Jan de Bray,
Image credit: Jan de Bray [Public domain], via Wikimedia Commons

A 2005 news article mentioned a hotel bar in New York whose drink menu included a US$10,000 drink called “Martini on the Rock.” That worked out to about $5 for the gin, vermouth, and olives—and $9,995 for the loose diamond sitting at the bottom of the glass. Patrons had to order the drink three days in advance, and meet with a jeweler to pick out the perfect stone. The first person to order this drink paid a bit extra—$13,000—and instead of a loose stone, selected a 1.85-carat diamond engagement ring. (His girlfriend said yes.) Perhaps unknown to the hotel’s proprietors, this extravagant beverage has a fascinating historical precedent. Although we can’t know for sure that the story in question is true, it absolutely could have happened.

Et Tu, Cleo?

The year was 41 BCE. Mark Antony, one of the rulers of Rome, summoned Egyptian queen Cleopatra VII for an audience at Tarsus (in present-day Turkey). Antony ostensibly wanted Cleopatra to answer charges that she had aided Cassius, who had conspired with Brutus to assassinate Julius Caesar. But most people believe the real reason for the meeting was that Antony wanted Egyptian aid for an upcoming military campaign, and besides, he had the hots for Cleopatra.

Cleopatra arrived on her legendary barge and proceeded to throw elaborate banquets for Antony and his officials for several evenings straight—nothing like a bit of wining and dining to smooth over political misunderstandings. So impressed was Antony at the lavish feasts Cleopatra had arranged that he accepted a friendly wager. Cleopatra bet Antony a large sum of money that she could host the most expensive meal in history. The next day, as the meal in question was nearing its end, Antony said that it had been terrific, but no more impressive than her other banquets—and certainly not worth the sum of money she had specified. At this, Cleopatra removed one of her pearl earrings and dropped it in a goblet of wine vinegar. Each of the pearls was so large and rare that it was extraordinarily valuable—estimates are usually expressed in extremely helpful terms such as “10,000,000 sesterces” or “100,000 gold aurei,” or “the value of 15 countries.” In any event, it was worth a fortune. The pearl dissolved in the vinegar, which Cleopatra then drank. Antony conceded defeat—the value of that single drink, let alone the banquet, had indeed been more than any meal in history.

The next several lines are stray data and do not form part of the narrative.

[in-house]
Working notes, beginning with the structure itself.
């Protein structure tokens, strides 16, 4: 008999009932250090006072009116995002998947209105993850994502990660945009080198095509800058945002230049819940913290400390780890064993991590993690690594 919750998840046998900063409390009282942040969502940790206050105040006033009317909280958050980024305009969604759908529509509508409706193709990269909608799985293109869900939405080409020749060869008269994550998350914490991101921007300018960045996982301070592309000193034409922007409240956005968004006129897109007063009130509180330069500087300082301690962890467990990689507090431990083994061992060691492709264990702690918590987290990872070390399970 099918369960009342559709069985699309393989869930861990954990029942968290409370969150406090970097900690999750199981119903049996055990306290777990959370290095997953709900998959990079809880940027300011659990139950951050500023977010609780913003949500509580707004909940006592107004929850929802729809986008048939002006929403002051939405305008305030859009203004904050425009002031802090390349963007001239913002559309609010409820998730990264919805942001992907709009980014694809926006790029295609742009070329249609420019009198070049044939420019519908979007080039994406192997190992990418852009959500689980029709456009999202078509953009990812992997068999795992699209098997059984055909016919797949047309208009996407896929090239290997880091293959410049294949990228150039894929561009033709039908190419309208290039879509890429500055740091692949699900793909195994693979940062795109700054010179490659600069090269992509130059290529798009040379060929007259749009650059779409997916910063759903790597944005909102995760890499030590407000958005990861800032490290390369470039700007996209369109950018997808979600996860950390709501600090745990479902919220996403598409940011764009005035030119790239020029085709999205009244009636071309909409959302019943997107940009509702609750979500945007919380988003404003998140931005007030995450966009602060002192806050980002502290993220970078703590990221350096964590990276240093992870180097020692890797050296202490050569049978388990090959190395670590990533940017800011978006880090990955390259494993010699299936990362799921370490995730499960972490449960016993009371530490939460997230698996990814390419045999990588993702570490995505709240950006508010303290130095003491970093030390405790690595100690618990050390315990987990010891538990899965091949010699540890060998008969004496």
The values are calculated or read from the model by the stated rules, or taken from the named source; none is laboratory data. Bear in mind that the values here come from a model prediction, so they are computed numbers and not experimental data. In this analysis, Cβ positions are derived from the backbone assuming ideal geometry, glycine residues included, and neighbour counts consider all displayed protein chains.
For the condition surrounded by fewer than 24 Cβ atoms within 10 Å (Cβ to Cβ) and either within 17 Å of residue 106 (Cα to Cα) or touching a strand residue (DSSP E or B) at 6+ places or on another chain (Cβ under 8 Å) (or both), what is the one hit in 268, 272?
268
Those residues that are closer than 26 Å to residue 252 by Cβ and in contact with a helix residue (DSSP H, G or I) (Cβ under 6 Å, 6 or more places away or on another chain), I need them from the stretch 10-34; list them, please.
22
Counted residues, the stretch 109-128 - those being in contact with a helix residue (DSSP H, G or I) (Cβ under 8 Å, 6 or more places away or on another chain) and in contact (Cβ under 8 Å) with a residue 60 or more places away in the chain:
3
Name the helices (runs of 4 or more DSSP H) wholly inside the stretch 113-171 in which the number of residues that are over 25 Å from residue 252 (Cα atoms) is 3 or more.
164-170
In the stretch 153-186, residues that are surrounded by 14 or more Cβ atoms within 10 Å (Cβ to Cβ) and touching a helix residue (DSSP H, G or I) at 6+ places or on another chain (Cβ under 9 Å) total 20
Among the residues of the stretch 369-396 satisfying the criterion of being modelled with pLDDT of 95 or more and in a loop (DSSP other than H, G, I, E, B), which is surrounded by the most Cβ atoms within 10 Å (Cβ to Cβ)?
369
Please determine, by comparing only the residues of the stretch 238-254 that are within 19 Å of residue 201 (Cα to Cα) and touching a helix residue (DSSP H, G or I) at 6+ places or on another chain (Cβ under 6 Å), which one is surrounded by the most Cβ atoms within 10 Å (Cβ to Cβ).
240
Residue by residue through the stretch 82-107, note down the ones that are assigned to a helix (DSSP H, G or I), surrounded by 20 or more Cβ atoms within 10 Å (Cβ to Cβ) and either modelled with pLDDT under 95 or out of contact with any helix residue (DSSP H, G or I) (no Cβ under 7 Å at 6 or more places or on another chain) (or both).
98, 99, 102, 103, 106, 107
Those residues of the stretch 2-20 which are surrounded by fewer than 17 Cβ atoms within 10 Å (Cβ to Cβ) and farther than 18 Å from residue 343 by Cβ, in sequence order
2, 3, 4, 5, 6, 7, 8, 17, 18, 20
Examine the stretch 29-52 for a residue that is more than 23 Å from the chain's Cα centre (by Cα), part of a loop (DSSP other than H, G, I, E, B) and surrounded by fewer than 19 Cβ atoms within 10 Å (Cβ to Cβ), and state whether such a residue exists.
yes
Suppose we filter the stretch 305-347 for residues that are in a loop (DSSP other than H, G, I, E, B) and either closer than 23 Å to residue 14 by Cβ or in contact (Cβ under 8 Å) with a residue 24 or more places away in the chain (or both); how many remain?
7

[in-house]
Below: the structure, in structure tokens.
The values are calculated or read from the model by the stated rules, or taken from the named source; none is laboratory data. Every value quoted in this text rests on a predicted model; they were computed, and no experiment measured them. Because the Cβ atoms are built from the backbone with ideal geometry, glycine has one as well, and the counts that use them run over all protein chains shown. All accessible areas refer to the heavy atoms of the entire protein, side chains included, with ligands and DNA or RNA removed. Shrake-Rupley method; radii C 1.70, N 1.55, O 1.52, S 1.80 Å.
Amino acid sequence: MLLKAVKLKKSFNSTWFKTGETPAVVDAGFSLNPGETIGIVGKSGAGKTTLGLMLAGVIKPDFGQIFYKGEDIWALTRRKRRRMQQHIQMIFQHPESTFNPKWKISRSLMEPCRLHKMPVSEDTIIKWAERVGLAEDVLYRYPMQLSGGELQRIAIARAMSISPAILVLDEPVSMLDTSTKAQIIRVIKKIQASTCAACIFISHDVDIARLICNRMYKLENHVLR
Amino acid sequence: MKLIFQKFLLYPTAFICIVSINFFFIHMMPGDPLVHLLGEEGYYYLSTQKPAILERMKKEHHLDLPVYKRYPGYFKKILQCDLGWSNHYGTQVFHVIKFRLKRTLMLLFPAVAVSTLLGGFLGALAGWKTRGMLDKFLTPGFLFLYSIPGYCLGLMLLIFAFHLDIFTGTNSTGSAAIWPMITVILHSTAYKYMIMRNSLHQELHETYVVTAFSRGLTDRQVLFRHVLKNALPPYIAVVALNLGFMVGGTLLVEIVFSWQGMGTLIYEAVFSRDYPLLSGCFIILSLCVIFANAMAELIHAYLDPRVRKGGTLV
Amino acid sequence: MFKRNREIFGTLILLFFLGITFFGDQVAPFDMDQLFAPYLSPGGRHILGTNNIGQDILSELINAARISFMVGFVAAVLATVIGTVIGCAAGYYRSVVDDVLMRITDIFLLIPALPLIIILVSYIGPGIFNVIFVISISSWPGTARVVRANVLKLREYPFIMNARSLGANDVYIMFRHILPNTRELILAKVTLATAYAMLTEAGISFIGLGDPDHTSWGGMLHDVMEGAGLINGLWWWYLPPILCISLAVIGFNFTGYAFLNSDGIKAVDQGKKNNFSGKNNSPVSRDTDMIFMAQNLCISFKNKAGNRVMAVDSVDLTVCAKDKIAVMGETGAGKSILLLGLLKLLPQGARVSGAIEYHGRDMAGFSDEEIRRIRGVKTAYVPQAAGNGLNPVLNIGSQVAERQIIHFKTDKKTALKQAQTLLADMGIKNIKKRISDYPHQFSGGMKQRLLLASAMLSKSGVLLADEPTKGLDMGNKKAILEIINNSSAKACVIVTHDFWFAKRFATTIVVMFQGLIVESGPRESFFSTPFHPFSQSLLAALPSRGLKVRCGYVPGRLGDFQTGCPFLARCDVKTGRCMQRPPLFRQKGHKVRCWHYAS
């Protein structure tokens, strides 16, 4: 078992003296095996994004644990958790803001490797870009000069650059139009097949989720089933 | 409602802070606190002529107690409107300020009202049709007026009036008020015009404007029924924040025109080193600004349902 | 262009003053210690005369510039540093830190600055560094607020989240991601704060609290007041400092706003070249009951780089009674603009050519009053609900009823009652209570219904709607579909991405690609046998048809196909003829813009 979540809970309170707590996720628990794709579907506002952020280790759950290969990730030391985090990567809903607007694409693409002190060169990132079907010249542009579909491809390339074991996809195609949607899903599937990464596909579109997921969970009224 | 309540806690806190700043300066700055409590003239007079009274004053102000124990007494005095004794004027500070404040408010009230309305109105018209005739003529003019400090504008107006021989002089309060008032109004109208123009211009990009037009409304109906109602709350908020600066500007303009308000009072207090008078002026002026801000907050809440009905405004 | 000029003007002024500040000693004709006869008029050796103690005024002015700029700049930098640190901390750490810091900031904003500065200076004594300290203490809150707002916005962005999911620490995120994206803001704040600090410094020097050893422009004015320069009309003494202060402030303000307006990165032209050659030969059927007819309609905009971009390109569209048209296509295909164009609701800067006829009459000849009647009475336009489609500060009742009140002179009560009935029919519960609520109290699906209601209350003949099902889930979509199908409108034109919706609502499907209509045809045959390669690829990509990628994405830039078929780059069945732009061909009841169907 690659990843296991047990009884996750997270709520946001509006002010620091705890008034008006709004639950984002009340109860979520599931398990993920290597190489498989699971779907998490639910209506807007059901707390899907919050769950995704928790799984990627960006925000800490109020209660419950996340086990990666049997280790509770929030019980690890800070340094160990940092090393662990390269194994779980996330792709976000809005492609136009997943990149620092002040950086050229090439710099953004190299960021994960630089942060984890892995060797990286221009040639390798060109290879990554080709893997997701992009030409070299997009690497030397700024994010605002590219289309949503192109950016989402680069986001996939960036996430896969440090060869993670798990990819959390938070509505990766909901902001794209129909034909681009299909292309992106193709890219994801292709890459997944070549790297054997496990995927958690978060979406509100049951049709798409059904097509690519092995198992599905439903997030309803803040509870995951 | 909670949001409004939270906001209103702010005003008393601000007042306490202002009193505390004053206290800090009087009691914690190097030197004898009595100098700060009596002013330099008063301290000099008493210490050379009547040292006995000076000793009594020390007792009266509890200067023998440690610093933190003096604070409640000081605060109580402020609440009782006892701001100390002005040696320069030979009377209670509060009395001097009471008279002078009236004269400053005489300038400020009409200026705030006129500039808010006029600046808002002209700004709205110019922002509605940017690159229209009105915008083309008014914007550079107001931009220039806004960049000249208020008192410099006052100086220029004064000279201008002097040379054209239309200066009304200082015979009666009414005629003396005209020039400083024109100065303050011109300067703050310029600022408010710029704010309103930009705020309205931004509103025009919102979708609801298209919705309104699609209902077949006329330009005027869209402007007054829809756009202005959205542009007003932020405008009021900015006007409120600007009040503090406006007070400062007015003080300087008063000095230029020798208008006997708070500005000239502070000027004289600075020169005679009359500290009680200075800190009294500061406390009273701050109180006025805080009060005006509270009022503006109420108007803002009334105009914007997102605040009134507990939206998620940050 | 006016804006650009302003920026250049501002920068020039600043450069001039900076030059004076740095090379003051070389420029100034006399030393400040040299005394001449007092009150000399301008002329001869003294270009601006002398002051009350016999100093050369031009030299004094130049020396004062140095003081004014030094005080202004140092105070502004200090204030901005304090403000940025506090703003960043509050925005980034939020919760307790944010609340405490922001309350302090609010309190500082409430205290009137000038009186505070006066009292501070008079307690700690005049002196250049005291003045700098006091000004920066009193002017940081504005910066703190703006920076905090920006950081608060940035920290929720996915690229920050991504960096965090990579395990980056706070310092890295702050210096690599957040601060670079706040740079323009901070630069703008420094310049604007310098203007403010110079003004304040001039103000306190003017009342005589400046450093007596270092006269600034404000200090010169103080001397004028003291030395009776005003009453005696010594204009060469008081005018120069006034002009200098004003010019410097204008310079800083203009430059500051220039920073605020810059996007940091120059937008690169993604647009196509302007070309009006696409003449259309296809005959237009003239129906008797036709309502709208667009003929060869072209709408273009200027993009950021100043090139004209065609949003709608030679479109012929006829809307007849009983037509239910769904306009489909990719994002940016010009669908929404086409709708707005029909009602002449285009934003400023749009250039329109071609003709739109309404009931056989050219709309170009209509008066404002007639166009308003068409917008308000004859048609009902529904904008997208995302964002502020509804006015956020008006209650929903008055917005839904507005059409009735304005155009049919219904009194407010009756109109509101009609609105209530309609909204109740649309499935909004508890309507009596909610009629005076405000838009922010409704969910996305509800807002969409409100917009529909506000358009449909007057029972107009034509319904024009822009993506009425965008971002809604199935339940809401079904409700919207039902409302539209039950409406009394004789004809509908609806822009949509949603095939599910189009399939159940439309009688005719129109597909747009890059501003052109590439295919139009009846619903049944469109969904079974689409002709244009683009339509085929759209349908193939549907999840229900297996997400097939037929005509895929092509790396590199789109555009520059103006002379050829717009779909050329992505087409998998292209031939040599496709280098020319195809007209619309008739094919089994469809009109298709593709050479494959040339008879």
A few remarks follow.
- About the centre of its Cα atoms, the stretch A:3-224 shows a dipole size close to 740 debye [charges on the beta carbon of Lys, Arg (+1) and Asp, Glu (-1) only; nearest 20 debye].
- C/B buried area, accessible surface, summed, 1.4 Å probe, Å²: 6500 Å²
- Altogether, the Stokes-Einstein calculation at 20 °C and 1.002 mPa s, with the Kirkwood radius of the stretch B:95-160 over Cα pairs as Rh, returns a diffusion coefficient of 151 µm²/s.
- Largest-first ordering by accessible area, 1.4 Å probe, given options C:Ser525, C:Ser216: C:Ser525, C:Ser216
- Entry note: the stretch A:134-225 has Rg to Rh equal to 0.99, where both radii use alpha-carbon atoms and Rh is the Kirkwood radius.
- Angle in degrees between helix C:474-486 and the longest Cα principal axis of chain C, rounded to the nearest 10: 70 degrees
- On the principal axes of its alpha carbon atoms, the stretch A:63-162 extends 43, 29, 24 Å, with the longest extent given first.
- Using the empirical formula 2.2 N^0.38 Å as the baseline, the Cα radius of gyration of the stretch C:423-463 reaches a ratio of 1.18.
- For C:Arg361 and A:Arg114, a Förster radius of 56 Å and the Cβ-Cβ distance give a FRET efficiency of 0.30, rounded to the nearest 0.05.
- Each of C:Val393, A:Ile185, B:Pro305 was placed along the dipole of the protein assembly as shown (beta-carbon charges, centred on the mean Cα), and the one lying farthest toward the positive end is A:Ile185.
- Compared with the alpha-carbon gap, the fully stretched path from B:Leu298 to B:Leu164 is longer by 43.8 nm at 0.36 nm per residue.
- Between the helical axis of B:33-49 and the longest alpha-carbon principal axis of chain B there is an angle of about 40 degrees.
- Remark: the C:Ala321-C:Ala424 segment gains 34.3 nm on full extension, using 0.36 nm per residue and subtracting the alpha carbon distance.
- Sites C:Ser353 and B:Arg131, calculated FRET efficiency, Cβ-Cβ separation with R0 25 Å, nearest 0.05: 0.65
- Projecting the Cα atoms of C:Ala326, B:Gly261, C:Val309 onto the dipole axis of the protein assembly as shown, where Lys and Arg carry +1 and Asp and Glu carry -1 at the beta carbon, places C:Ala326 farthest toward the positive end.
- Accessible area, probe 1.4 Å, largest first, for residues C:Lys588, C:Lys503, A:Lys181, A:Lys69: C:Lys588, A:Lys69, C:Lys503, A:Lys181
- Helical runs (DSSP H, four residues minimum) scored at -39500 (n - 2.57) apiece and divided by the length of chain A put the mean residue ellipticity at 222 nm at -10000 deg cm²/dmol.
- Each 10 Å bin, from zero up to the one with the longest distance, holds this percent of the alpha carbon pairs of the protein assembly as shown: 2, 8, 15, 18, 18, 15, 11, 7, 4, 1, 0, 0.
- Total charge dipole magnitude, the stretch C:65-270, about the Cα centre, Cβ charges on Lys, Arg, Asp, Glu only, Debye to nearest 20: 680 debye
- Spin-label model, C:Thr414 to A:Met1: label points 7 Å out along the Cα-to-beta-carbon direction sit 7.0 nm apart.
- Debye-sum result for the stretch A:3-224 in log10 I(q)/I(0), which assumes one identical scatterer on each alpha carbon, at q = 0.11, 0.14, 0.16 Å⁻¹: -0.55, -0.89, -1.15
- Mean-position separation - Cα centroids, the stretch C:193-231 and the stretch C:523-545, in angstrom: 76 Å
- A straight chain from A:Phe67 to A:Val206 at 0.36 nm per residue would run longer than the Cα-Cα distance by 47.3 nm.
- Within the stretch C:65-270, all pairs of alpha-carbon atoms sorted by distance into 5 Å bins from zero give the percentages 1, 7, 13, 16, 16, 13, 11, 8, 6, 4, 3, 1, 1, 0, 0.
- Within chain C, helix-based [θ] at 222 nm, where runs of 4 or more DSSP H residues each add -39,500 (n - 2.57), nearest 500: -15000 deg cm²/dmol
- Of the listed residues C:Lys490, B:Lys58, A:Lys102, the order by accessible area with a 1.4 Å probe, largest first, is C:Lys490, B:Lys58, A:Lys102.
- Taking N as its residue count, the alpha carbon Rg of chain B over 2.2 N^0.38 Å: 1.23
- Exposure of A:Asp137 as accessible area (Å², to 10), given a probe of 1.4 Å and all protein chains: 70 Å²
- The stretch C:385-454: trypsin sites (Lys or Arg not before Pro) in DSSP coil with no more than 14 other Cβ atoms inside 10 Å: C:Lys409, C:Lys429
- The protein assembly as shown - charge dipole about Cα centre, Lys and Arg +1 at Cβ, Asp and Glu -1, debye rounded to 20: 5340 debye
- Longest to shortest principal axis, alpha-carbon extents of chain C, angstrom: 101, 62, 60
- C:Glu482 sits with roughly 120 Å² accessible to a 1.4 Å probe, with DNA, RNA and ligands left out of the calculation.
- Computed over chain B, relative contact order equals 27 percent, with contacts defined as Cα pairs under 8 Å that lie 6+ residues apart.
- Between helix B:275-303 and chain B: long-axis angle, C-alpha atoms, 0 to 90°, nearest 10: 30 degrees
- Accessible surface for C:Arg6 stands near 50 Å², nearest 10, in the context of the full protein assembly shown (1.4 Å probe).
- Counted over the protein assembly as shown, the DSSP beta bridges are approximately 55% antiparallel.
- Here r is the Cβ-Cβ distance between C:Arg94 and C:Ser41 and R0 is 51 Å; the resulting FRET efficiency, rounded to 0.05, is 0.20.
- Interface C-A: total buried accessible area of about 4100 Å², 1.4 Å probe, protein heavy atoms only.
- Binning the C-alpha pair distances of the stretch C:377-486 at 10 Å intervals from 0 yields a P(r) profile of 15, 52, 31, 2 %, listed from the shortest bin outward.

I’ve Got a Crush on You

There are a number of different versions of this story, which originally appeared in Pliny the Elder’s Natural History. According to some versions, Cleopatra ground the pearl in a mortar before dropping it in the vinegar. That would have been a wise choice. Pearls, which are made primarily of calcium carbonate (the same material that forms stalactites, stalagmites, and tufa), will indeed dissolve in a mild acid such as vinegar, neutralizing the acid in the process. (This is how antacids work, by the way—check the label on a bottle of Tums and you’ll see that its main ingredient is also calcium carbonate.) However, this might take days for a whole pearl; a crushed pearl could dissolve in a matter of minutes.

Not only did Cleopatra win the wager, she won Mark Antony’s heart. Antony left his wife and moved to Alexandria. But ten years later, Octavius led Rome in a war against Egypt. He defeated Antony and Cleopatra, both of whom committed suicide shortly thereafter. Meanwhile, according to legend, the pearl from Cleopatra’s other earring was later cut in two, with each half being placed in one of the ears of the statue of Venus in Rome. Rome burned, of course, soon thereafter. Coincidence? Probably, but all the same, I recommend against sticking antacids in your ears.

Note: This is an updated version of an article that originally appeared on Interesting Thing of the Day on September 27, 2003, and again in a slightly revised form on December 31, 2004.